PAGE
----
1. Whether you like Hillary or not--and I personally would rank her, at this moment, no better than fourth among the declared Democratic contenders--the ad is extremely unfair. You could take a clip of practically anyone and insert it in place of the image of Hillary on the screen, and they would end up looking creepy and sinister. (Think about it.) The ad certainly doesn't demonstrate anything about Hillary--it just smears her by associating her with emotions that are, at the very least, wildly disproportionate.

What's more, it's disingenuous for defenders of the ad to say (as some have done in the blogosphere) that it's merely designed to satirize Hillary's "robotic," "inauthentic," "overly scripted," "old-politics" campaign. In fact, it goes much further, powerfully evoking the widespread right-wing Republican belief that Hillary is a would-be dictator eager to enslave Americans. Think I'm exaggerating? The book title and subtitle pictured here weren't my idea. Plenty of people on the right are ready to believe this nonsense. The 1984 ad plays into their hands and will certainly be helpful to the Republicans if Hillary gets the nomination.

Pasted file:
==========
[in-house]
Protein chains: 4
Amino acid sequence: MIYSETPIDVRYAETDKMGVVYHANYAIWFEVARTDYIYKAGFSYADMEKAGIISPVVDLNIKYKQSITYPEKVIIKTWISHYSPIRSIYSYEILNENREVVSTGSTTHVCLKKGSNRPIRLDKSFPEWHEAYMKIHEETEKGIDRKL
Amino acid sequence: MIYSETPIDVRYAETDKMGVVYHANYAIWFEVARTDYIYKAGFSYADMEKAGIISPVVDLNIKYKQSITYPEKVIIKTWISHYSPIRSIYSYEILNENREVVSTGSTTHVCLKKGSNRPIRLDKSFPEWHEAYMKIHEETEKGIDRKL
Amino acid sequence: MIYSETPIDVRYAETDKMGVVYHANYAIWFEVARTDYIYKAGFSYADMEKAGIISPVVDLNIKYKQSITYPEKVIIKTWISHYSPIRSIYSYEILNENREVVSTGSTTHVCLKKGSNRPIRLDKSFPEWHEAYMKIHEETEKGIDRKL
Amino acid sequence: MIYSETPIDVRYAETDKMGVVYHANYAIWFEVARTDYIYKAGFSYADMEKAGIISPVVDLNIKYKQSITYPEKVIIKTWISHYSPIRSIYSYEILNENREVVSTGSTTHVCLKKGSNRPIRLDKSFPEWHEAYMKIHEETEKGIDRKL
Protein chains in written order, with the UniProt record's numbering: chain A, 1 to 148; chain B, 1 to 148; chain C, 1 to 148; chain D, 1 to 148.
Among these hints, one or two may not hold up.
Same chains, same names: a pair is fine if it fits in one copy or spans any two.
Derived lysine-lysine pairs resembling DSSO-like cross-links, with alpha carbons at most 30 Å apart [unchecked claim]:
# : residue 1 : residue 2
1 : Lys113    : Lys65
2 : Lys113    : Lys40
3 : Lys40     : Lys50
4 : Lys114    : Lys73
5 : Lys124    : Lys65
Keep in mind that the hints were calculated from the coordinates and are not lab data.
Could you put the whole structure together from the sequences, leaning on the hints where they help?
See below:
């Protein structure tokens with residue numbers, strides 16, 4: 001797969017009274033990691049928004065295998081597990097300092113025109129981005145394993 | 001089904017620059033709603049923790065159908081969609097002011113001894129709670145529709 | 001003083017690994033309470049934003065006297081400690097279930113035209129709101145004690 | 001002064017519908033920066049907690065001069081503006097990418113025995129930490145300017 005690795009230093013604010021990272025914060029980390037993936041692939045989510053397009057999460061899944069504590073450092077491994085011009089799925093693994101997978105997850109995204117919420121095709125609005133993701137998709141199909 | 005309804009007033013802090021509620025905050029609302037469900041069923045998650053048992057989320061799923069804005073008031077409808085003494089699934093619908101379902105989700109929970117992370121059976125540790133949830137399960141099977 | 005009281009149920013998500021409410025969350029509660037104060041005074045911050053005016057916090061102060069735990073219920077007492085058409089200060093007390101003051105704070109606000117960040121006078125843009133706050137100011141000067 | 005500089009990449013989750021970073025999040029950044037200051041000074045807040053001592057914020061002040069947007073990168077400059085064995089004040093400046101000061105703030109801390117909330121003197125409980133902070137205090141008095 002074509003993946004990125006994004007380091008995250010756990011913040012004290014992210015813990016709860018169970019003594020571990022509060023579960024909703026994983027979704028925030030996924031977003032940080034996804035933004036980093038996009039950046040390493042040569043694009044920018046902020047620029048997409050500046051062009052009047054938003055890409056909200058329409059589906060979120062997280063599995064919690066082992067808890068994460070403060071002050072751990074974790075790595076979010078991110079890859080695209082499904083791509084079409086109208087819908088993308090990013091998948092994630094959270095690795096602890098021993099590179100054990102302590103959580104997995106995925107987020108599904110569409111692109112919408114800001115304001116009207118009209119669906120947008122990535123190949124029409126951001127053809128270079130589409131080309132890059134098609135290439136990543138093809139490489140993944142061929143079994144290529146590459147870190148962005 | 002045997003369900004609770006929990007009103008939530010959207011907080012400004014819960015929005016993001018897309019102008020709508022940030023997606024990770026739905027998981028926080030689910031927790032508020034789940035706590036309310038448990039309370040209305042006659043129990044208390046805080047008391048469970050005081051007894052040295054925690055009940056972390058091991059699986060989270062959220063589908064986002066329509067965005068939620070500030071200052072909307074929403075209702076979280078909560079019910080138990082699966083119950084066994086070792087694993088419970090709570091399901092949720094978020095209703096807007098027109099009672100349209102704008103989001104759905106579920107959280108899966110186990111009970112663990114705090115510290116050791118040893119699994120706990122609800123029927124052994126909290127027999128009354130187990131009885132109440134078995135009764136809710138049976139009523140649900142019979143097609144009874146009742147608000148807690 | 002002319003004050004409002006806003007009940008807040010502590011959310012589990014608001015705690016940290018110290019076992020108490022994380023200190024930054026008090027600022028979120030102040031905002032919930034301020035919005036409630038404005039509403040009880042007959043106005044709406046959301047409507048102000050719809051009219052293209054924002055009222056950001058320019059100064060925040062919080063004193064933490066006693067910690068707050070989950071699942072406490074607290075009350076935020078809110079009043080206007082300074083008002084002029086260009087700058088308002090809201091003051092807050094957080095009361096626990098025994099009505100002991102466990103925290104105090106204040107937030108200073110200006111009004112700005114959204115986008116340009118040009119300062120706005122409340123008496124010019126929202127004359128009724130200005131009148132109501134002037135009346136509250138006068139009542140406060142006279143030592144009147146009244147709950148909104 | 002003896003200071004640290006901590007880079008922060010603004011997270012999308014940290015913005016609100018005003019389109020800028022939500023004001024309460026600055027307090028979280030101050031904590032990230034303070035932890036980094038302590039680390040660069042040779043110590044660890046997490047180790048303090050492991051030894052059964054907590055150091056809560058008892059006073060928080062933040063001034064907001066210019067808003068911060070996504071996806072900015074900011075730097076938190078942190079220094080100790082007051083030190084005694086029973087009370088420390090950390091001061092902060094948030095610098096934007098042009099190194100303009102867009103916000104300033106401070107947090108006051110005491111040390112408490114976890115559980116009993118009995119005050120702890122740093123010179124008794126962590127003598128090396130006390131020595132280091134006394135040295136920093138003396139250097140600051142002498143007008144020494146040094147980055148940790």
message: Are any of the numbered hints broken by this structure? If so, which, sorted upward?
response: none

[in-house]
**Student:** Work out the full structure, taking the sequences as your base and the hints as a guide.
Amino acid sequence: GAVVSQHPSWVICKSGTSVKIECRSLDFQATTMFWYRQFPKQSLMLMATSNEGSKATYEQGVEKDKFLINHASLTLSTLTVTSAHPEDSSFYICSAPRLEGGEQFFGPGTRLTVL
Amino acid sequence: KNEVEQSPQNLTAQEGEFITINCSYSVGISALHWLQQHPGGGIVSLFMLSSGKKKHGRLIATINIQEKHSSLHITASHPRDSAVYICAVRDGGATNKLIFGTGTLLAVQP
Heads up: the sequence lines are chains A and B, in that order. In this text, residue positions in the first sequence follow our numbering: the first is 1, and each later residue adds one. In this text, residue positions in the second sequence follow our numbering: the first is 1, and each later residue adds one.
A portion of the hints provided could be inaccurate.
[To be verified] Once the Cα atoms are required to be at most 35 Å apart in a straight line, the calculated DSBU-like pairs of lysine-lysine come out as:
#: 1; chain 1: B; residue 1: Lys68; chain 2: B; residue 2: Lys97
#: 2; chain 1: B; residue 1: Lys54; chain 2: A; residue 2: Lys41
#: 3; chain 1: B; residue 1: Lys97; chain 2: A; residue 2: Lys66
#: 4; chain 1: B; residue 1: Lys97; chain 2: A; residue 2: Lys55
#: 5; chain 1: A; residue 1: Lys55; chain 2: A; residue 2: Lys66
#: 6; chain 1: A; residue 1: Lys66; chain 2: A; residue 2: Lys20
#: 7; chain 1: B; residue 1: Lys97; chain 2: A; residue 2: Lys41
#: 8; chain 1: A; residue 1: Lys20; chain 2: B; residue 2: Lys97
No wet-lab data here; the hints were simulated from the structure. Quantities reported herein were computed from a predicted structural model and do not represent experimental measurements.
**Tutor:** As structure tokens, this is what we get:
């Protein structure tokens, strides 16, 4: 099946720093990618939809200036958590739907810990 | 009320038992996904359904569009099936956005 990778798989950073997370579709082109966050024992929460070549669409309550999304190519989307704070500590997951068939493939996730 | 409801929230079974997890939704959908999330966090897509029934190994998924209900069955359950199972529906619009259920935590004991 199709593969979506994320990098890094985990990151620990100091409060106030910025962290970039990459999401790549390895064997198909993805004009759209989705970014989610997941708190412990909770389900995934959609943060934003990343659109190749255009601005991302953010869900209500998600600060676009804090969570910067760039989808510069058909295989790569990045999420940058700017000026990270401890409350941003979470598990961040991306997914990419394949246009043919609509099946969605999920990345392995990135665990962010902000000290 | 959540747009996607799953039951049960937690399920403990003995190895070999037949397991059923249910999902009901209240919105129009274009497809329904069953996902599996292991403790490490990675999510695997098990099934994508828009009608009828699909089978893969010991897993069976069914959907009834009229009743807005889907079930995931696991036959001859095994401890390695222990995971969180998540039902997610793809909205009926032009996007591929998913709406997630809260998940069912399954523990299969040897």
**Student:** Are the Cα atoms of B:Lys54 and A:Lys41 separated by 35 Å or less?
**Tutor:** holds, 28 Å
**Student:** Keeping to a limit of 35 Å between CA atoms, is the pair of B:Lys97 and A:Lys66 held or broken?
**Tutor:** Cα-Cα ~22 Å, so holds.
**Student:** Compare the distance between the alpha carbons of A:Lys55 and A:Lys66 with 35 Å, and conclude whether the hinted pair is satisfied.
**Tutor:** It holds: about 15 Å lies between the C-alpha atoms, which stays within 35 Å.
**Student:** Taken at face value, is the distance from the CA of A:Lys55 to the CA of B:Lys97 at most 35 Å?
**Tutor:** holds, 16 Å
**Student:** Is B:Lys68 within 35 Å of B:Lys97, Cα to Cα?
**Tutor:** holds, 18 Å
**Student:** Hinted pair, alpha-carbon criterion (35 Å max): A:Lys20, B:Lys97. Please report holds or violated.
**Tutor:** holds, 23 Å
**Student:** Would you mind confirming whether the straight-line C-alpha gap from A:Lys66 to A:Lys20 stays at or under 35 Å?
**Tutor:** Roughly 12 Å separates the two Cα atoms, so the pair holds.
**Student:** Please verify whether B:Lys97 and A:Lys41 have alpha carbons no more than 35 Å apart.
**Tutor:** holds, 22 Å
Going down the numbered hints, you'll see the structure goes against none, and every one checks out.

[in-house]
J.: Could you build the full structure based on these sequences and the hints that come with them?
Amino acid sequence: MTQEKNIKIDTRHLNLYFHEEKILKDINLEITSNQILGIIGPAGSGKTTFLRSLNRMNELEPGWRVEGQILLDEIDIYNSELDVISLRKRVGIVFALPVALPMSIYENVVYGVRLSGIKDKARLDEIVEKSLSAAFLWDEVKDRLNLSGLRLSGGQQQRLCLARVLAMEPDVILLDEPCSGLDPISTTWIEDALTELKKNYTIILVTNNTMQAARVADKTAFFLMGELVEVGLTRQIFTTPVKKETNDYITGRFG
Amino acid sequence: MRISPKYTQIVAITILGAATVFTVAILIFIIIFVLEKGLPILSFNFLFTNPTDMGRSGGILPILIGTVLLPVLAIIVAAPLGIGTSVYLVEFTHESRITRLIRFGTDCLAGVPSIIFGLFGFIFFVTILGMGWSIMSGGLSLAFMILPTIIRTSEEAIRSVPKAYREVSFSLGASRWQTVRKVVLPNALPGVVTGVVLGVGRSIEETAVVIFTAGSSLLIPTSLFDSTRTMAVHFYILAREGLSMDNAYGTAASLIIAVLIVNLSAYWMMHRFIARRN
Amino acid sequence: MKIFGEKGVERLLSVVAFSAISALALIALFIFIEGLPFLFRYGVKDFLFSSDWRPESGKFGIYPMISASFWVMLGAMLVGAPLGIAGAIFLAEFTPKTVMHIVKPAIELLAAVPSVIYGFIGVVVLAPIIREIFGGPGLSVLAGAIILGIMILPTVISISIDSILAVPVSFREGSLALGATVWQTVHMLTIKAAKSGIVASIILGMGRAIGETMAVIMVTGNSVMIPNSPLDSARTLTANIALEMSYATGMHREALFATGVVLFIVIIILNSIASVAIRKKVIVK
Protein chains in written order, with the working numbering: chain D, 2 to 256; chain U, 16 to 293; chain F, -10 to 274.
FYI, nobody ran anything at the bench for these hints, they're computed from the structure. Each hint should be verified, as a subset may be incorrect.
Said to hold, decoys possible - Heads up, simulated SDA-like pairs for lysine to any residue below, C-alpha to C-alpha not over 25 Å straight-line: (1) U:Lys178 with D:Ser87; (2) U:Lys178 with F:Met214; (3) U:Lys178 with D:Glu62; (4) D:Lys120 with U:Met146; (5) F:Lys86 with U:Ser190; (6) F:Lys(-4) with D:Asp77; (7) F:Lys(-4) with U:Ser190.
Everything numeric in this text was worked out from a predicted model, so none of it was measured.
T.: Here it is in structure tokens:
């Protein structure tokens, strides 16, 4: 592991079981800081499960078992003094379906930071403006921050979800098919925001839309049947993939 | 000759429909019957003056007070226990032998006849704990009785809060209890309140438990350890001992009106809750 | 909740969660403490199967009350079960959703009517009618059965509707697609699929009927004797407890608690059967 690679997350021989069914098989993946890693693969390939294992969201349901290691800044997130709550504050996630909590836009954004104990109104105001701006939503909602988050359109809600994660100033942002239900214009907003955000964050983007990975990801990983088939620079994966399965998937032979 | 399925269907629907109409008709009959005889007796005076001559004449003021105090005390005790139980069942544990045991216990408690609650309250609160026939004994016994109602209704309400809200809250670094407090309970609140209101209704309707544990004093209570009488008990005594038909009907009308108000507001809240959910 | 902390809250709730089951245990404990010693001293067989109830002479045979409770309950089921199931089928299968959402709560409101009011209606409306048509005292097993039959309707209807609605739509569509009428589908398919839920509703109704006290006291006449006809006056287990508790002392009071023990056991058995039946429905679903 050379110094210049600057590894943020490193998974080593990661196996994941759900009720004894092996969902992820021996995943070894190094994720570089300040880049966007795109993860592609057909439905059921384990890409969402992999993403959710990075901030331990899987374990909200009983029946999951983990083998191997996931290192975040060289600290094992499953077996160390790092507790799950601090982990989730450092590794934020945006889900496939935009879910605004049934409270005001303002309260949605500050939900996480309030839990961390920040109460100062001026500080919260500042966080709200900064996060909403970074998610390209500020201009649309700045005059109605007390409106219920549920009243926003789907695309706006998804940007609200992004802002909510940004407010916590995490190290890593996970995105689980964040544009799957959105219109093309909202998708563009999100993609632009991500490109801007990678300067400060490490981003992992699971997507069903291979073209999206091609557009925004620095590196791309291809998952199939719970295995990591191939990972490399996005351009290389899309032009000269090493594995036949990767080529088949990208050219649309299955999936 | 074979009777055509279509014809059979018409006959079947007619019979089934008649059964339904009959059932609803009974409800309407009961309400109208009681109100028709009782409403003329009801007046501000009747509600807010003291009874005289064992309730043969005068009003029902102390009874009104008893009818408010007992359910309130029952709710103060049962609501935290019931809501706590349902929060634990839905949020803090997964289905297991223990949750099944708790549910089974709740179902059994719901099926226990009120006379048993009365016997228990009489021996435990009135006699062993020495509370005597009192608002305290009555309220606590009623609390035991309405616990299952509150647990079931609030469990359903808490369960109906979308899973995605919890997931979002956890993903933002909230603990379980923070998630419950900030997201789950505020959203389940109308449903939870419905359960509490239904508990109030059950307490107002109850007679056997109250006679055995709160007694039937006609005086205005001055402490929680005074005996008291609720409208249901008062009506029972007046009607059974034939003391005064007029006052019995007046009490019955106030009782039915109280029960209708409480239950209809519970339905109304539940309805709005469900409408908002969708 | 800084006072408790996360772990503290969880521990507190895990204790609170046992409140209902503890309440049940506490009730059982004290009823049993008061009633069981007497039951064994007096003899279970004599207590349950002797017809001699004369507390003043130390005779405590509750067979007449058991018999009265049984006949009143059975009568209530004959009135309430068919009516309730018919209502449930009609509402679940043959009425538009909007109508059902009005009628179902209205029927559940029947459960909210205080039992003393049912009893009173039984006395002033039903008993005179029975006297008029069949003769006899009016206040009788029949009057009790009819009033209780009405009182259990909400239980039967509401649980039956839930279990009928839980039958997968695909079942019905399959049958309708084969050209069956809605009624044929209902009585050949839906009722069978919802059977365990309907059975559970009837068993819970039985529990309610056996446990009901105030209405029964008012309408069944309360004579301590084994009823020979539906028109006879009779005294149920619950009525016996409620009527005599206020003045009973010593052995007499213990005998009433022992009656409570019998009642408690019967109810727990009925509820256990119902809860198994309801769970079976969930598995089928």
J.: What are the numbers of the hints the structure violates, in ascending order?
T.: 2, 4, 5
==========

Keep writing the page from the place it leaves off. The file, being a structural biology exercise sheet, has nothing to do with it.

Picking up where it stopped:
And lest you say I am over-reacting, consider the history of the iconography in this ad. When Apple originally created the ad to introduce the Macintosh computer, it was deliberately using hyperbole. It was obvious that comparing IBM to a brutal, tyrannical Big Brother was an absurd exaggeration. (For starters, IBM never had an army, prison camps, or secret police.) Depicting Mac users as feisty iconoclasts battling an all-powerful regime was just a fun way of tapping into everybody's inner rebel, drawing on emotions derived from a much more serious conflict--the conflict between freedom and tyranny dramatized in George Orwell's novel.